Comment - Assessing Louis van Gaal's legacy at Man Utd
Few tears will have been shed when Louis van Gaal left Carrington for the final time, but in years to come Manchester United fans may well be thankful for his uncomfortable two-year residency.
There have certainly been more troughs than peaks since the 64-year-old pitched up at Old Trafford in the summer of 2014, buoyed by Holland's run to the World Cup semi-finals and a bulging CV.
Upon his unveiling, two months after his appointment was confirmed, Van Gaal pledged to give his utmost to what he called the world's biggest club - quite a statement from a man who has been at the helm of Bayern Munich, Barcelona and Ajax.
The Dutchman clearly relished the expectation that coaching England's most successful club brought, yet he leaves having failed to scale the heights required.
Saturday's FA Cup glory was a fine send-off but felt more like an individual triumph for under-fire Van Gaal, who, with celebrations still in full flow, said he had nothing to prove considering he has now won a trophy in every country he has managed.
While the extra-time victory against Crystal Palace did provide the first major trophy of the post-Sir Alex Ferguson era, it came too late for the Dutchman having failed to win over supporters and secure Champions League qualification.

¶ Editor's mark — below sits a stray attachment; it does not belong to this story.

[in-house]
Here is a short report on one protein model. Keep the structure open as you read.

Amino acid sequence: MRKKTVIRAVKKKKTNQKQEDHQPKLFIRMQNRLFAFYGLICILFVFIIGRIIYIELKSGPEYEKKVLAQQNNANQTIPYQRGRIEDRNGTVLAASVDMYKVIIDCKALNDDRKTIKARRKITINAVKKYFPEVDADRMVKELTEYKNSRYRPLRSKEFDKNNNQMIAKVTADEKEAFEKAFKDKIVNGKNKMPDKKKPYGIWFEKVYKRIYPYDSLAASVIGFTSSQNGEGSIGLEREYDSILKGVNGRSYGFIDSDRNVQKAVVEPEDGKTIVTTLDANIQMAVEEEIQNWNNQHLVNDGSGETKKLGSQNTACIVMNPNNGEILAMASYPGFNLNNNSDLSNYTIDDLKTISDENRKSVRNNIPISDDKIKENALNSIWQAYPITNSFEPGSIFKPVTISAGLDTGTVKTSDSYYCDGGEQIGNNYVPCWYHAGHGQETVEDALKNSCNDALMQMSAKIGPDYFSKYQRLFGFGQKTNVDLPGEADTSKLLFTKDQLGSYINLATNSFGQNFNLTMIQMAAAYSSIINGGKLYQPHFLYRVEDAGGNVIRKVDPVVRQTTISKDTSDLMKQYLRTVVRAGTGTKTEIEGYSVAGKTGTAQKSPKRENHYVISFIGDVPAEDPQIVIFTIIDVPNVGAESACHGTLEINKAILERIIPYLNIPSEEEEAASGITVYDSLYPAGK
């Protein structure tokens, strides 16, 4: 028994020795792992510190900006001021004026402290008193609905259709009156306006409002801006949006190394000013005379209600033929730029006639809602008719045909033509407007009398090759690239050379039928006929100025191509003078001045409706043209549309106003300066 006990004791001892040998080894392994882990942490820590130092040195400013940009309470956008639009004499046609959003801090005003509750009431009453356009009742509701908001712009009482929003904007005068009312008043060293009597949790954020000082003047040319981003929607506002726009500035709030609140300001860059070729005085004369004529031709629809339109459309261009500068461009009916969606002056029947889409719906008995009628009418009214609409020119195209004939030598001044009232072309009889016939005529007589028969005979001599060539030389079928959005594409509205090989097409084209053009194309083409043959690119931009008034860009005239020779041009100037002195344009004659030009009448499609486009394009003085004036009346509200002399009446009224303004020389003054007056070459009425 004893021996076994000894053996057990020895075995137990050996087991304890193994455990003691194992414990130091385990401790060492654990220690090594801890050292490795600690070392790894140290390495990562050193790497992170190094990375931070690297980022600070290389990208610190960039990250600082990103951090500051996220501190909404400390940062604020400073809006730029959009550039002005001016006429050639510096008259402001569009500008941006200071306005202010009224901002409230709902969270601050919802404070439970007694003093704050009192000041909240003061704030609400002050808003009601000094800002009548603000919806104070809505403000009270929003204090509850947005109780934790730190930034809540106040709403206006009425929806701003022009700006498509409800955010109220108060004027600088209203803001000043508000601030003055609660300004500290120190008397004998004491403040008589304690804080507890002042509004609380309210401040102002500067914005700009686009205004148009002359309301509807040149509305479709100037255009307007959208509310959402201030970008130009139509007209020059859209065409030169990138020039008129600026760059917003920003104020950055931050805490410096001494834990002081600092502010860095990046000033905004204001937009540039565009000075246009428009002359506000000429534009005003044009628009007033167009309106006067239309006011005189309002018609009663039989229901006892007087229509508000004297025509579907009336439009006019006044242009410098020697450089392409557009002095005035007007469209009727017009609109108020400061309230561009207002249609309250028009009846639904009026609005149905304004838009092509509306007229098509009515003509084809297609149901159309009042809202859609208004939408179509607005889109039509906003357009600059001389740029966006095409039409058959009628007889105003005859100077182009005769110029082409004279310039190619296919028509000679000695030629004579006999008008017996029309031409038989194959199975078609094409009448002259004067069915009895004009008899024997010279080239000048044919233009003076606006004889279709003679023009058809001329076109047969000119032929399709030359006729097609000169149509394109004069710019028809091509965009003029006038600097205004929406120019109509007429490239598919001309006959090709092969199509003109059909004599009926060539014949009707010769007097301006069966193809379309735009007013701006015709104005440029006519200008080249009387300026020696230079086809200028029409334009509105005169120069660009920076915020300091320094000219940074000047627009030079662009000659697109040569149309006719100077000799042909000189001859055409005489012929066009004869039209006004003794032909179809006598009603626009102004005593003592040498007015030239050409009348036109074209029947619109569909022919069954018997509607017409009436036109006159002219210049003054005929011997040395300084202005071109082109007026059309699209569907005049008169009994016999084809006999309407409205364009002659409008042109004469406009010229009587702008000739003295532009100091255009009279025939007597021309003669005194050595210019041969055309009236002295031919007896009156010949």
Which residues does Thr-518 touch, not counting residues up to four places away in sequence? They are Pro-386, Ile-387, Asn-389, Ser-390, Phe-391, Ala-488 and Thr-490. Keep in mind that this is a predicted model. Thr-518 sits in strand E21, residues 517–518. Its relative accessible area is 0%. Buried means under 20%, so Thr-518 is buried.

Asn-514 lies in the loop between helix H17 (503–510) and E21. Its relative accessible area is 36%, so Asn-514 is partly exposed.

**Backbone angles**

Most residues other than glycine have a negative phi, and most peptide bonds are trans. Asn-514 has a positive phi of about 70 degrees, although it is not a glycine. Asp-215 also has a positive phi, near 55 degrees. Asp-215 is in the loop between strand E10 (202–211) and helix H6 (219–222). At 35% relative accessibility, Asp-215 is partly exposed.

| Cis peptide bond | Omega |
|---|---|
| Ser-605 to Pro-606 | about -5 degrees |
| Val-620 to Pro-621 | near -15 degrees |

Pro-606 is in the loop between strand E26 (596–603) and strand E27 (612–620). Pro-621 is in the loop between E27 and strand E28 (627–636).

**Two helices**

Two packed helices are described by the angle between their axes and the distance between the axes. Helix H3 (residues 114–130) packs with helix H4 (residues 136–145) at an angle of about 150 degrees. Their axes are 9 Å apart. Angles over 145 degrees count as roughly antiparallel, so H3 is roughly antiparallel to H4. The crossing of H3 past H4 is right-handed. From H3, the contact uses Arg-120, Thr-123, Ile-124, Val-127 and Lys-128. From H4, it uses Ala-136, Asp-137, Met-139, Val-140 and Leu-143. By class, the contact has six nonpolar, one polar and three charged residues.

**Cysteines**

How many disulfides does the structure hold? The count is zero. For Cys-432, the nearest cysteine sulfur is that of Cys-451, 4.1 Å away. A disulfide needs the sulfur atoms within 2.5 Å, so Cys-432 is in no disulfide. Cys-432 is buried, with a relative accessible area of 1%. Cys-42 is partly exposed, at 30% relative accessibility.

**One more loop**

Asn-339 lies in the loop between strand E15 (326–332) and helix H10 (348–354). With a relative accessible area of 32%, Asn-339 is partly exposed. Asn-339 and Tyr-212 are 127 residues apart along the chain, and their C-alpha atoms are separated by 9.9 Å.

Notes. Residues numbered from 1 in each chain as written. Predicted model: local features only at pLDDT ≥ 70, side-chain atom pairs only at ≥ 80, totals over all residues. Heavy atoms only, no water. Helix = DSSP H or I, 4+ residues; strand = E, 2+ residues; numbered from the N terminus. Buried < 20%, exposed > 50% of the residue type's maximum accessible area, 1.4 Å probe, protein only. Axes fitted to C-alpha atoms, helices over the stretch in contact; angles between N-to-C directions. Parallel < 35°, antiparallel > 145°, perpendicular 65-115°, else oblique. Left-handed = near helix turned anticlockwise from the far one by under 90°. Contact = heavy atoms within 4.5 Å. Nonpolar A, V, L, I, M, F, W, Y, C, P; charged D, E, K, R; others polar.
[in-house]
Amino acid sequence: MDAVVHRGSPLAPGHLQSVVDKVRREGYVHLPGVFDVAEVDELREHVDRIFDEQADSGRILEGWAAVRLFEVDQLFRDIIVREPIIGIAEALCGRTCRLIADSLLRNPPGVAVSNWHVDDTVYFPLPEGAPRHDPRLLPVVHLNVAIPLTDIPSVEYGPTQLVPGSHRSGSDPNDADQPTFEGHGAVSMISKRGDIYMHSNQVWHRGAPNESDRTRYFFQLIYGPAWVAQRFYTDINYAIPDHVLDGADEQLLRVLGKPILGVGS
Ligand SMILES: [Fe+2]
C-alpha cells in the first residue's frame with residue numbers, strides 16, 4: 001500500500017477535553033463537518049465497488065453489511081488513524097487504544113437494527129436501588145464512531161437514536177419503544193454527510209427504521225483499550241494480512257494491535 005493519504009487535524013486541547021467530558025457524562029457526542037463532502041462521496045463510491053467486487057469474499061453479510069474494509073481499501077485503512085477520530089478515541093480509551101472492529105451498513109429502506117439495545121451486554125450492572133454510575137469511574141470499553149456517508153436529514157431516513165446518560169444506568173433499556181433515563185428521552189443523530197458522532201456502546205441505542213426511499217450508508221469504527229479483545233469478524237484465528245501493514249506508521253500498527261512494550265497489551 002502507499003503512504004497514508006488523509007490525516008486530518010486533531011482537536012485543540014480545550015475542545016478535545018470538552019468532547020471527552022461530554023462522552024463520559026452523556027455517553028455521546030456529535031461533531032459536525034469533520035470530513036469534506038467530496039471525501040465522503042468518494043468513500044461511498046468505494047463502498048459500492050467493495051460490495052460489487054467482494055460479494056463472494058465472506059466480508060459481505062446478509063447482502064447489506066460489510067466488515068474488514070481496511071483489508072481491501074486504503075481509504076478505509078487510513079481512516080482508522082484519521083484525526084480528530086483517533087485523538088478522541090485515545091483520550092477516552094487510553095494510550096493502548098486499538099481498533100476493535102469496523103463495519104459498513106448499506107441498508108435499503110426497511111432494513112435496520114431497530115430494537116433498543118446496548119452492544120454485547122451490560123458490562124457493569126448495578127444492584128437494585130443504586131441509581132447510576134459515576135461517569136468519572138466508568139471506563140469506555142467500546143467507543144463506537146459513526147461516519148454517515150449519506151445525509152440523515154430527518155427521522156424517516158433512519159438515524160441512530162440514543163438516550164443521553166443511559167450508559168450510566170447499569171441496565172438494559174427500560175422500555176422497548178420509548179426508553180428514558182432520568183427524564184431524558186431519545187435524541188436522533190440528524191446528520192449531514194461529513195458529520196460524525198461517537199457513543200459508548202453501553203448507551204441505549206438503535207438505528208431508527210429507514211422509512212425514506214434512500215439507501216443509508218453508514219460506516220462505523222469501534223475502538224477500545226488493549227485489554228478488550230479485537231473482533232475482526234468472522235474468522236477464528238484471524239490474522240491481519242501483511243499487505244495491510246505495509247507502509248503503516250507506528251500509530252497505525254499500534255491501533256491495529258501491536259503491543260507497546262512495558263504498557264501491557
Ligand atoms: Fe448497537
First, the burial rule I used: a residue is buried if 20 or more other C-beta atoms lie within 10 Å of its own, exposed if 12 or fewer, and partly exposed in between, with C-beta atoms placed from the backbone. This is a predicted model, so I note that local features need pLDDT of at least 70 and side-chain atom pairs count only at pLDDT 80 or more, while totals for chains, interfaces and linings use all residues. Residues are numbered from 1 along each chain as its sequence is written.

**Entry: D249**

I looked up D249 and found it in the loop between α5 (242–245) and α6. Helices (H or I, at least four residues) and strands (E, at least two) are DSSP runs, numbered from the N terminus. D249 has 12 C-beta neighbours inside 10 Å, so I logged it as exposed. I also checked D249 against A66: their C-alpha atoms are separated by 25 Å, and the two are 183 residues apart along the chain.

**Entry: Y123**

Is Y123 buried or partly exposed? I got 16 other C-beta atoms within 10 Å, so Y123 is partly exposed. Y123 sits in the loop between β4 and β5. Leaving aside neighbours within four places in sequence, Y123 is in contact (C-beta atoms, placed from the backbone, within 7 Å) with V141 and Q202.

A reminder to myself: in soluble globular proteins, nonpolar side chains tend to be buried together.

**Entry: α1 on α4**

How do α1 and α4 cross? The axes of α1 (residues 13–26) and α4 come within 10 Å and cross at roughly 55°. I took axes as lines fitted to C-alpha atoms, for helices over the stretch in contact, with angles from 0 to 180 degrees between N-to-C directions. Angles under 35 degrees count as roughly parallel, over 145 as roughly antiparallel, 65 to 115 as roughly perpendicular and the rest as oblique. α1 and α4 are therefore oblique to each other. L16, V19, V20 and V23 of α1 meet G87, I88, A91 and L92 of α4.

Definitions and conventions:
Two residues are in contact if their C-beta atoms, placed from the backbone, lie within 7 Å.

Tired, prosaic football has taken its toll on a fan base used to a swashbuckling style, with peculiar tactical decisions causing consternation inside and outside the dressing room.
United netted a meagre 49 league goals this season - the club's worst return for 26 years - and finished fifth in the standings, having wasted the chance to usurp neighbours Manchester City and sneak into the top-four.
That was the bare minimum for Van Gaal and a feat he had achieved after succeeding David Moyes, albeit they then failed to make it out of the group before exiting to Liverpool in the Europa League.
It was one of numerous blows the Dutchman somehow recovered from, but when his post-season address to supporters was booed last week he must have begun to realise his days were numbered.
Those who jeered may in time reflect on this period with positivity, thanks to Van Gaal's - perhaps forced - focus on youth.
Academy graduates Marcus Rashford, Cameron Borthwick-Jackson and Timothy Fosu-Mensah have proven themselves capable in the first-team, joining an elite list of players to have been given their first chance under the Dutchman.
Thomas Muller, Xavi, Andres Iniesta and Patrick Kluivert became world stars having been given a chance by Van Gaal, whose guidance this term has seen the likes of Jesse Lingard and Anthony Martial impress.
Then there is the way Wayne Rooney has recently flourished in a deeper role and United's firmed-up backline, but that cannot overshadow the underwhelming style and substance displayed most weeks.
An important transitory point in the club's post-Ferguson era this may be, but there was little doubt that a change was required once Van Gaal began speaking about unrealistic ambitions.
The top-four is a bare minimum and you would not bet against his equally outspoken successor quickly reviving United's ailing fortunes.